Respect other people time. Don't send them e-mails that are not relevant for them: adjust the level of detail, split e-mails with multiple recipients who have different expectations for information. Otherwise people WILL ignore you and it's YOU to be blamed.

  1. Grasp the difference between TO vs CC

Make sure that the key target recipients (the ones you expect to respond or execute some action) are in the TO field, while people who just should know about the content of the e-mail are on CC only.

  1. Responsible responding

When you respond, verify recipients' lists. Some of initial recipients of the e-mail you're responding may be totally uninterested in your response. This is usually true in case of "fan-out general question" type of communication. Does it really matter? Yes, having 2 e-mails (question + your own response) in mailbox is significantly better than having 20 (question + your own response + 18 distractors you don't give a f@$% about).

Btw. there's a great chapter about messages & notifications as distractors in Simon Sinek's "Leaders Eat Last" - recommended read.

  1. Brevity is the greatest of virtues

Algorithm is simple:

  1. Write e-mail, but don't send it yet.
  2. Shorten it by half.
  3. Shorten it by half.
  4. Shorten it by half.
  5. Now you may consider sending it.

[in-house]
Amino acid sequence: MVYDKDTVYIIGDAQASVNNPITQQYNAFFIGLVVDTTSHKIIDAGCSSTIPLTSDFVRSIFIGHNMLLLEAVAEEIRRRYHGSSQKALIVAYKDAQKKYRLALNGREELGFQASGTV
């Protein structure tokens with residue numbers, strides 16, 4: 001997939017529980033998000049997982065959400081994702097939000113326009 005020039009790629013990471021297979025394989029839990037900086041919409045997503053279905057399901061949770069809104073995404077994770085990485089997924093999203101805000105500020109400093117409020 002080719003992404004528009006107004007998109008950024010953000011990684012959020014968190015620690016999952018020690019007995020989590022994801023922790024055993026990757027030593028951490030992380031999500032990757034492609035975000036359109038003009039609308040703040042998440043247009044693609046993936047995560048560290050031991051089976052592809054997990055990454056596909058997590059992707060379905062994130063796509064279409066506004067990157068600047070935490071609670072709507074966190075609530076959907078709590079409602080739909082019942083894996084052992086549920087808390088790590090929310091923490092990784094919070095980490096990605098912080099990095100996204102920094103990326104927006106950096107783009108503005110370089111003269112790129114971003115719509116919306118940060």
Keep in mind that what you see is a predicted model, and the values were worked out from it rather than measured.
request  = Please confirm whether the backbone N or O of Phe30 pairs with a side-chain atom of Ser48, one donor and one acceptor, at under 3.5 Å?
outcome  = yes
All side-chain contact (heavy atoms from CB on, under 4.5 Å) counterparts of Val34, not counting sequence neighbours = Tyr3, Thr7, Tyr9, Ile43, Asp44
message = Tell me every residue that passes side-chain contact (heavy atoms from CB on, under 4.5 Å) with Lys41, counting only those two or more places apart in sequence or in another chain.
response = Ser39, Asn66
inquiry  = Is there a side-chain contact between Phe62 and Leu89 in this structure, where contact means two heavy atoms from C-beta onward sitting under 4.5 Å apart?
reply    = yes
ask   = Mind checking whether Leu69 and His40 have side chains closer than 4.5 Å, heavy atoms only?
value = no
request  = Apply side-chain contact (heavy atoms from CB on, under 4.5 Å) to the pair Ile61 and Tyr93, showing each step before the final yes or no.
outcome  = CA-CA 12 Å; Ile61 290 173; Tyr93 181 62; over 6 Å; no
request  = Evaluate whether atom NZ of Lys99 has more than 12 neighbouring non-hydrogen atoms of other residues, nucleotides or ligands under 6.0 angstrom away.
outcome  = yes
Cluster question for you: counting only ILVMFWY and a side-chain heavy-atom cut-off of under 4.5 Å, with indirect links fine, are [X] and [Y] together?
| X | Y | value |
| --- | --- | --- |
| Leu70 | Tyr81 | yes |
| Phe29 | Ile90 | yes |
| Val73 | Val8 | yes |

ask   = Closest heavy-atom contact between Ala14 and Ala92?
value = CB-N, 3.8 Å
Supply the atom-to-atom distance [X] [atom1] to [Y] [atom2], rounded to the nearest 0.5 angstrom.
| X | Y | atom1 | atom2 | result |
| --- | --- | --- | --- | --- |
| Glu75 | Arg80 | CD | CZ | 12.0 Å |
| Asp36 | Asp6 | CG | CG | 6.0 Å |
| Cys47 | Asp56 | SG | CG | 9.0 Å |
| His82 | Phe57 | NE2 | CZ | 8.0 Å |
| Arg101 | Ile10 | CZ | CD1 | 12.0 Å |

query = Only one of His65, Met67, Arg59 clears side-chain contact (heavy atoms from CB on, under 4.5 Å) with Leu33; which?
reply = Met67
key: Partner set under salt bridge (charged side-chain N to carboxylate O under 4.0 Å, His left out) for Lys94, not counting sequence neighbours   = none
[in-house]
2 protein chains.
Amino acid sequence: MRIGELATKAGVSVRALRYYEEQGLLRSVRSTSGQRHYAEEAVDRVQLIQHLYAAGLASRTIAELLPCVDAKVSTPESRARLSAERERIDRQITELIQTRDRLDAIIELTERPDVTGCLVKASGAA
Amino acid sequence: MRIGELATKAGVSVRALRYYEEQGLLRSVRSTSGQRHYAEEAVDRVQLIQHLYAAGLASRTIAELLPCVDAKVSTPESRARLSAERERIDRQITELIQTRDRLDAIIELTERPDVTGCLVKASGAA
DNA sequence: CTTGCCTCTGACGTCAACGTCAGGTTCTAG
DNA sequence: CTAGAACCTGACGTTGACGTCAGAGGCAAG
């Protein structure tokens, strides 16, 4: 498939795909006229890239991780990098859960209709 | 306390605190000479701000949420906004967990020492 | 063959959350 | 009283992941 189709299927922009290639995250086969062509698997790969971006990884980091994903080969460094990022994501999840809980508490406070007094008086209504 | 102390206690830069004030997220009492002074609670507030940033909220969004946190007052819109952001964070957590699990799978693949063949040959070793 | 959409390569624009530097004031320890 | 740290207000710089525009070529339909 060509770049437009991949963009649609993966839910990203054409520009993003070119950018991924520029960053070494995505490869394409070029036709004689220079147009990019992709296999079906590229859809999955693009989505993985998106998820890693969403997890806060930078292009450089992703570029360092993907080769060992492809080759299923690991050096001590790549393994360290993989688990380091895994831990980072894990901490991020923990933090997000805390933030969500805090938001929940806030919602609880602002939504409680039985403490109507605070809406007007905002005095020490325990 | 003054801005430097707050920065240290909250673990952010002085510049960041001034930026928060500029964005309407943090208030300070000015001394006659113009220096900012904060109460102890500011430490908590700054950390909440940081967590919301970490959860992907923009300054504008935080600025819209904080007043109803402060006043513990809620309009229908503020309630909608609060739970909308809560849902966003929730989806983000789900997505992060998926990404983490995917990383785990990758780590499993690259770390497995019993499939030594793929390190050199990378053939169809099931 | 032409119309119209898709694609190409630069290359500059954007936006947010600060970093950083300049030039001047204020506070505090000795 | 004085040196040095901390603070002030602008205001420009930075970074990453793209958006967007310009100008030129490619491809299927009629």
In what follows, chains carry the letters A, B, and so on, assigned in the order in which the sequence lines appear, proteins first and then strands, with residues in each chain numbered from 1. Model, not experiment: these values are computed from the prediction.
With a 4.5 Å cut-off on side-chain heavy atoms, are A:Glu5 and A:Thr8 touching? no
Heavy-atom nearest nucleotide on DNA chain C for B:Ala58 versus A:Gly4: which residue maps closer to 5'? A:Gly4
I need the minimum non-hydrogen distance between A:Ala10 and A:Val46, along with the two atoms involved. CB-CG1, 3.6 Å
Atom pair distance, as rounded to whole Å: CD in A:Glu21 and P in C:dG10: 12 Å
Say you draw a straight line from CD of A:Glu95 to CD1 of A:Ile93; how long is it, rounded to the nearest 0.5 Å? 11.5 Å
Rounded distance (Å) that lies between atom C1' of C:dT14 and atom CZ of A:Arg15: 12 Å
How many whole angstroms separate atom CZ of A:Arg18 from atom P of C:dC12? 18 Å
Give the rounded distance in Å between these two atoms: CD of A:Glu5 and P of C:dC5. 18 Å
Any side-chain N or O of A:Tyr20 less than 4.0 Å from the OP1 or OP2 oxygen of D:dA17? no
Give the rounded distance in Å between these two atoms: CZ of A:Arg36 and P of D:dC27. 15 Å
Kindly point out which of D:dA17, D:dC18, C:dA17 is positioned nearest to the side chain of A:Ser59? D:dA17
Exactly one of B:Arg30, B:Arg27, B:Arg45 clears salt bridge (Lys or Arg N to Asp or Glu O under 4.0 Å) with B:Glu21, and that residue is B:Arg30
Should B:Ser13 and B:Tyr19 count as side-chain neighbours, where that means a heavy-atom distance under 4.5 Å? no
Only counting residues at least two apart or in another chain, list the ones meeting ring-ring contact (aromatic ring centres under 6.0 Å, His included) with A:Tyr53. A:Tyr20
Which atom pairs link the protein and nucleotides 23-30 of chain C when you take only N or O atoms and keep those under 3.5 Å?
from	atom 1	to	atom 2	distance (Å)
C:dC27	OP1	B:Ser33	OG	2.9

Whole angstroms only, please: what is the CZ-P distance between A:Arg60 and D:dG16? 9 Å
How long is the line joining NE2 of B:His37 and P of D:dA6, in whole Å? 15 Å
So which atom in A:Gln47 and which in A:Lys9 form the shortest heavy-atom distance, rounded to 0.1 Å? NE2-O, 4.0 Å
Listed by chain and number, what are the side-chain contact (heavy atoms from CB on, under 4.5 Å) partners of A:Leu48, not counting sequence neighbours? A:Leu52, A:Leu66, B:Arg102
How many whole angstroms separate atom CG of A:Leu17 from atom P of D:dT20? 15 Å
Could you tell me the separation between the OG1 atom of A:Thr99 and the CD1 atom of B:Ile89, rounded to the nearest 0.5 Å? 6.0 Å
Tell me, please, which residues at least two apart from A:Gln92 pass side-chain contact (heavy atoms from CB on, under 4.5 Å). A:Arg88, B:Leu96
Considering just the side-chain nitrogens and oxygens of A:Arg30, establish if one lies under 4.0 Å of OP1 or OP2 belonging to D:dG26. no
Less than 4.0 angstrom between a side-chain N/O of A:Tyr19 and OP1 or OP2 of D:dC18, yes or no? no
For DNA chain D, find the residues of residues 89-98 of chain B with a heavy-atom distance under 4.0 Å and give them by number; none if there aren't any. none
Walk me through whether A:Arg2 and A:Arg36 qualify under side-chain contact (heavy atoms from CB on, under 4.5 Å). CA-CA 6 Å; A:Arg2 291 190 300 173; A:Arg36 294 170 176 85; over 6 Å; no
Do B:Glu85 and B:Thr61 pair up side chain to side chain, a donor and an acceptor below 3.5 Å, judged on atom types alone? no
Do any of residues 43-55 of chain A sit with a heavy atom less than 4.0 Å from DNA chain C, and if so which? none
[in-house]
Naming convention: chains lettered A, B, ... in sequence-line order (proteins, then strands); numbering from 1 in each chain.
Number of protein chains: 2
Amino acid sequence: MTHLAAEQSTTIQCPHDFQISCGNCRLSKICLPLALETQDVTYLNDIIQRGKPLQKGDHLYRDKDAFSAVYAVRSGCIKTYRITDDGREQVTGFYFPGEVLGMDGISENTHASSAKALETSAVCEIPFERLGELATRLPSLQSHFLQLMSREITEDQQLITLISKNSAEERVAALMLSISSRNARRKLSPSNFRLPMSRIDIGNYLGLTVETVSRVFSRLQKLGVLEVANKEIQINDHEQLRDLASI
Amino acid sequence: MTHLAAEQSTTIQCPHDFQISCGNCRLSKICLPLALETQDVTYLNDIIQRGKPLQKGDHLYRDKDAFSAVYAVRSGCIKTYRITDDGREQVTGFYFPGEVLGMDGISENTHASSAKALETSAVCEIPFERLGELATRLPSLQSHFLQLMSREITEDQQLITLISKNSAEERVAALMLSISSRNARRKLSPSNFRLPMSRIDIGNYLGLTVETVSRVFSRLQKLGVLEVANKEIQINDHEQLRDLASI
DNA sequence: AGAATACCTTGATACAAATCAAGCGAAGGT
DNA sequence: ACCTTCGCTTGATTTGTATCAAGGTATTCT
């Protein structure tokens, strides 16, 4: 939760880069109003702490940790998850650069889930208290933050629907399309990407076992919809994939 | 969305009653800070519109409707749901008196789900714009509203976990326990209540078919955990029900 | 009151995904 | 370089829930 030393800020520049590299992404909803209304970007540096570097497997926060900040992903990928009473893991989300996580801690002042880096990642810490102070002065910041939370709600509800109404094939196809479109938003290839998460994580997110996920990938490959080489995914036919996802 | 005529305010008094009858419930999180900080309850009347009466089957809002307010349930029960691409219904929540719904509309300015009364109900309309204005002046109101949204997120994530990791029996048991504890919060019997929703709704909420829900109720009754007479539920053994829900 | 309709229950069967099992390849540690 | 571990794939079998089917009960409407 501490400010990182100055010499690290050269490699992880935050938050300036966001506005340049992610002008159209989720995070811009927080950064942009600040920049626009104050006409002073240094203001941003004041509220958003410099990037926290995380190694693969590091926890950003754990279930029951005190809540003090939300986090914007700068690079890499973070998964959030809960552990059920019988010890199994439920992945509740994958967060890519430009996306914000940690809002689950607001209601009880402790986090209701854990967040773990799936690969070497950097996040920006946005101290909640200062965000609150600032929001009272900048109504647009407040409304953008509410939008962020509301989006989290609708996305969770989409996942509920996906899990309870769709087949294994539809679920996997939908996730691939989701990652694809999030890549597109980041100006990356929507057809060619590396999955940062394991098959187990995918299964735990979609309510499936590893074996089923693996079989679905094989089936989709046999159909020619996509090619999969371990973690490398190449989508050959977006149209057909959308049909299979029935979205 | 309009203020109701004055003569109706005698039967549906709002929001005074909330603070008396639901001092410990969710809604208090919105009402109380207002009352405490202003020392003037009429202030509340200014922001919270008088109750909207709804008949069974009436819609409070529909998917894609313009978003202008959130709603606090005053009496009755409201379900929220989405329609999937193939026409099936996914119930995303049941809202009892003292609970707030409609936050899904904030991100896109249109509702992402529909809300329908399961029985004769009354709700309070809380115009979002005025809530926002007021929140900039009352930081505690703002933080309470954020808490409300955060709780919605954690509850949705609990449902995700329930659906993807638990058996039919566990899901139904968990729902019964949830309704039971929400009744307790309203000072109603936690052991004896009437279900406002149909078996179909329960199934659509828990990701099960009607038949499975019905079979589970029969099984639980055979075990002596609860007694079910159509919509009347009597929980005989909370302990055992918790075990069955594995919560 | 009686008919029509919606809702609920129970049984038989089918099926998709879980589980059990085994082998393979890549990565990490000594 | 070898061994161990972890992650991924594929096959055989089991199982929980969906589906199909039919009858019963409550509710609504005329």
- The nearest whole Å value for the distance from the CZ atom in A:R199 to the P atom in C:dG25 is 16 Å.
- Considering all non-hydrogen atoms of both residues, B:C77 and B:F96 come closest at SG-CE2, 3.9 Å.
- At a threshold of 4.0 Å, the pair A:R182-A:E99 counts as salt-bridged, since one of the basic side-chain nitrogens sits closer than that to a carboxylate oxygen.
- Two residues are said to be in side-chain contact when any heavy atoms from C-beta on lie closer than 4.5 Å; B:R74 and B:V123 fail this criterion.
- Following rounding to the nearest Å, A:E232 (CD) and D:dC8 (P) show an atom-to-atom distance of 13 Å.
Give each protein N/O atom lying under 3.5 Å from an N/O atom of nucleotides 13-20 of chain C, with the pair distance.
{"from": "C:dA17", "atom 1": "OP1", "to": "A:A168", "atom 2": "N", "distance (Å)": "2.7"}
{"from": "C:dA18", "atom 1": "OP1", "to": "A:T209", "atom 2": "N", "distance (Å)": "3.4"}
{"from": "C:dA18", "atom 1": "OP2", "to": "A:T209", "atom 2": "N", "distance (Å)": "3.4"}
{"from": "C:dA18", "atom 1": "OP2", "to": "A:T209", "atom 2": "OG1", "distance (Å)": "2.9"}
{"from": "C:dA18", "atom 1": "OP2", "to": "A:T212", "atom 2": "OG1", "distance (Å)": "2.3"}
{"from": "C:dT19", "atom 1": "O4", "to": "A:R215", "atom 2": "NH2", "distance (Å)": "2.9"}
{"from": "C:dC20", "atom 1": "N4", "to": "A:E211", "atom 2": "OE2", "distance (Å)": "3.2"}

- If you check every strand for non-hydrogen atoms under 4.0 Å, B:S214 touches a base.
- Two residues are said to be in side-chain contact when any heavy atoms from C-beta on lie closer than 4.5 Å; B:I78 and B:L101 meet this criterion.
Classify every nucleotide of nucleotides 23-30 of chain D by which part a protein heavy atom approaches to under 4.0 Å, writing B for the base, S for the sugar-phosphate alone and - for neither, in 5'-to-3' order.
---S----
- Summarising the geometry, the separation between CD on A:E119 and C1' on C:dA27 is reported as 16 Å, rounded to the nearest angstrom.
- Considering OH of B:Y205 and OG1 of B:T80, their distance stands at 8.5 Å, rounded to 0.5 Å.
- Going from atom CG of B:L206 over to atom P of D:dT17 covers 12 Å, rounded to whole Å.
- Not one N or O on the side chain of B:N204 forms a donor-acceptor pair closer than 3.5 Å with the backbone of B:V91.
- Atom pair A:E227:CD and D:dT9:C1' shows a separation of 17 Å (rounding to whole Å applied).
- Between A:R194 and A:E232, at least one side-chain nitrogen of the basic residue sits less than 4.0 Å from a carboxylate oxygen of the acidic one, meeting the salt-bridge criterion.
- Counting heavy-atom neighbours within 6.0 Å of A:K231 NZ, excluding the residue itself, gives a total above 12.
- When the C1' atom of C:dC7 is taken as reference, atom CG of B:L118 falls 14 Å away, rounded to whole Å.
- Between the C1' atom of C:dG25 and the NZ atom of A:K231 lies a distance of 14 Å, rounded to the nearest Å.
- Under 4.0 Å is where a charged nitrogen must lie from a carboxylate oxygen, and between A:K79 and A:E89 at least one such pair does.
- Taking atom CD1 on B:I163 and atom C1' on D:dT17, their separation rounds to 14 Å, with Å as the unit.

Personally, in everyday communication (except for initiating / concluding open discussion) I try to follow this rule. If I HAVE to write a longer text, I usually start with TL;DR synpopsis sub-section in the header, so anyone can immediately find out what's all the fuss about.

  1. Both Form and Function

Unstructured wall of text is a clear indication of complete lack of respect for recipient(s). If you want them to read it, help 'em do it - use headings, bullets, enumeration, highlighting, bold-out the most significant parts, etc.

Help them understand the structure at the first glance, so they will be able to follow your flow of thinking, argumentation, reasoning. You may have spent 5 minutes more, but you may have saved 5 x 10 = 50 minutes of their total time.

  1. Help to embrace the scale

Inboxes tend to grow. Fast. Furiously fast. And sometimes the most important e-mail ain't the one you're reading now, but the one someone sent you few weeks ago - now the challenge is to find it. That's why it's so important not only to give proper (meaningful) subjects with some keywords (for easier search), but also to use some kind of convention for e-mail labeling (for instance: [Project X], [Tests], [Claims]), so properly set-up rules can tidy the inbox up.